In March 2019, I (Pamela) learned I needed to have 40+ daily radiation treatments for a breast cancer recurrence. I felt nervous and a little bit afraid. A few days before I began treatments, a box of note cards landed in my Los Angeles mailbox. They were from my friend Judy. At first I thought she had sent a pretty box of stationery to me. But when I opened the box of cards, I found something so surprising and special. The 10 note cards were sealed. And atop the 10 sealed cards was this note:
Dear Pamela, I may not be next to you, but know that I am with you. This box contains 10 cards with 10 thoughts so you know I am thinking about you. Open one when you want to feel that I am sitting with you sipping a cup of tea, sharing a smile, a laugh or a hug. Love, Judy
I kept Judy’s box of cards open, with the most recent card on display throughout my entire treatment. Her caring cards sustained me and supported me through some challenging days. Even though that was more than a year ago, Judy has continued to write letters to me. Her letters are filled with love. She thinks she is writing to me, but I think she is writing to all of us.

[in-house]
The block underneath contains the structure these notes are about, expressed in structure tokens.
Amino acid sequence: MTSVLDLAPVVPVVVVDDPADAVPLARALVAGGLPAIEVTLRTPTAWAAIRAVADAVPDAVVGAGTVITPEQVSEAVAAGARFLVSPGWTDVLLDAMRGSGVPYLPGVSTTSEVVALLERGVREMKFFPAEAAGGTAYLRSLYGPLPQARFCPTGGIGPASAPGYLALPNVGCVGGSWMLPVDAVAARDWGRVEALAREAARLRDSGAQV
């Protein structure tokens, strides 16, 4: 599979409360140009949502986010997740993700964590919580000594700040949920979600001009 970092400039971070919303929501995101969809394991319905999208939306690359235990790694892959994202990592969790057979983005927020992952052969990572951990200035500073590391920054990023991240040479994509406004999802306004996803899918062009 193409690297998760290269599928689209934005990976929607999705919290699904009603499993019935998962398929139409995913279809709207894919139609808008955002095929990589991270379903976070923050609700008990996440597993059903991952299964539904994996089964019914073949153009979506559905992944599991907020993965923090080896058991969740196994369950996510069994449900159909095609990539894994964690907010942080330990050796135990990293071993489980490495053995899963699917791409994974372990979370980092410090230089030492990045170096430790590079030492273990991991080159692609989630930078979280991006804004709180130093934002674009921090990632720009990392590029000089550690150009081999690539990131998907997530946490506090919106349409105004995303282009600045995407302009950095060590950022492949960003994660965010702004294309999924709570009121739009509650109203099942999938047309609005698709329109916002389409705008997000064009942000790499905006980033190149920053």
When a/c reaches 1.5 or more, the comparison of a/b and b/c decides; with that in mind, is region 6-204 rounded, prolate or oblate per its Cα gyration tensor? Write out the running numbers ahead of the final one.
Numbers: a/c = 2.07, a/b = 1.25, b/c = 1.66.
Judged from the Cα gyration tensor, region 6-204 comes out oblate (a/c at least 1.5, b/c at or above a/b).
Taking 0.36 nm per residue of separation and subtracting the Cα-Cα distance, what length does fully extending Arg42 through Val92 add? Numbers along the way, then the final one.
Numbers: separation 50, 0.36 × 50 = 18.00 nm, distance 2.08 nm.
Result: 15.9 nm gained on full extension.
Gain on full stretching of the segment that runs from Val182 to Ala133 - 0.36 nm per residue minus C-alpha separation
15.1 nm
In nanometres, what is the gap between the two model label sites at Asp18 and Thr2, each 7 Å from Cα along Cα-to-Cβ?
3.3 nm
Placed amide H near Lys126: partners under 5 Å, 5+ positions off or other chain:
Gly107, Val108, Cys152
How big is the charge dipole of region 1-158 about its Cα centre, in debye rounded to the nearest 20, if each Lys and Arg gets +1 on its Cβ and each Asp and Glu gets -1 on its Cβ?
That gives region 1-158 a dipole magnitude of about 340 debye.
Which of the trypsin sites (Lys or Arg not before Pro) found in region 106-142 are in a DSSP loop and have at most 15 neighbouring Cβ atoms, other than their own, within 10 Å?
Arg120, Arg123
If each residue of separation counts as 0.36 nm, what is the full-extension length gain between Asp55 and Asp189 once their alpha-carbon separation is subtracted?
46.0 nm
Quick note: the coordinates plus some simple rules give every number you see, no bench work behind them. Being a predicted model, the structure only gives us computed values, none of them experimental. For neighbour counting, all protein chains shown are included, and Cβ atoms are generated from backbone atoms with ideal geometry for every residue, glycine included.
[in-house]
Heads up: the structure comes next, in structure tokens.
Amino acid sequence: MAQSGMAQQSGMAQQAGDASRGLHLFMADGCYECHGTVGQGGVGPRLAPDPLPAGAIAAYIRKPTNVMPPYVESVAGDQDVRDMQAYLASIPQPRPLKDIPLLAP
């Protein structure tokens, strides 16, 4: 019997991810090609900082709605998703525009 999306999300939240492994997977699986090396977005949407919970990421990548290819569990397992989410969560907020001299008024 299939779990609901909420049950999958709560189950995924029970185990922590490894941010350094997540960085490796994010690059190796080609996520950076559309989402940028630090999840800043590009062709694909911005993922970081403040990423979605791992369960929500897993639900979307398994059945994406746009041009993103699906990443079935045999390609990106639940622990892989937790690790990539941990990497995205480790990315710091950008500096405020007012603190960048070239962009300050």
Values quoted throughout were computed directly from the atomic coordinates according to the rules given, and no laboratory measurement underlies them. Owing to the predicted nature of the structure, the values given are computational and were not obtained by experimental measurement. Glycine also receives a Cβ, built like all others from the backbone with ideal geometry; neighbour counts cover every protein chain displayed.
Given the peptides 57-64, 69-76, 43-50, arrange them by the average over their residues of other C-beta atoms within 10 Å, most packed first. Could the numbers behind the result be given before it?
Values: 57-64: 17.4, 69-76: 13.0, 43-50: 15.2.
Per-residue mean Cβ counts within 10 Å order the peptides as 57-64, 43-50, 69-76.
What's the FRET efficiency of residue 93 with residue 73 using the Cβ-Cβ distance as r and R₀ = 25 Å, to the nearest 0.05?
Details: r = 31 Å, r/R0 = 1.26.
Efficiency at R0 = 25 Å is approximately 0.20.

The alarm goes off at 5am. We leave the house at 6 and we’re on the trail by 6:30ish. Every morning as I stumble out of bed, pushing past sore muscles and rubbing sleepy eyes awake, I remind myself how lucky I am to live minutes away from beauty. Hiking in the mountains in the
Dear Pamela, I found this cool, small company called Litographs based in Boston. I was impressed that besides printing very unique shirts, etc. with words, they also encourage reading and donate books to communities. In addition, when I ordered the shirts, they were donating all of their proceeds for two days to Black Lives Matter.
Dear Pamela When you told me the other day that you had stashed small give-away containers of Play-Doh in your Little Neighborhood Free Library, I knew that all would eventually be right with the world. I know this because Play-Doh, that malleable blob of vibrant color from my childhood, always gave me permission to empty
Judy Feuer Walden was in her late 40s, with a son and daughter in middle school, when she decided to return to school so that she could follow her 6th grade dream and become an elementary school teacher. During her decade of teaching, she taught kindergarten, 2nd grade and 3rd grade in a public elementary school.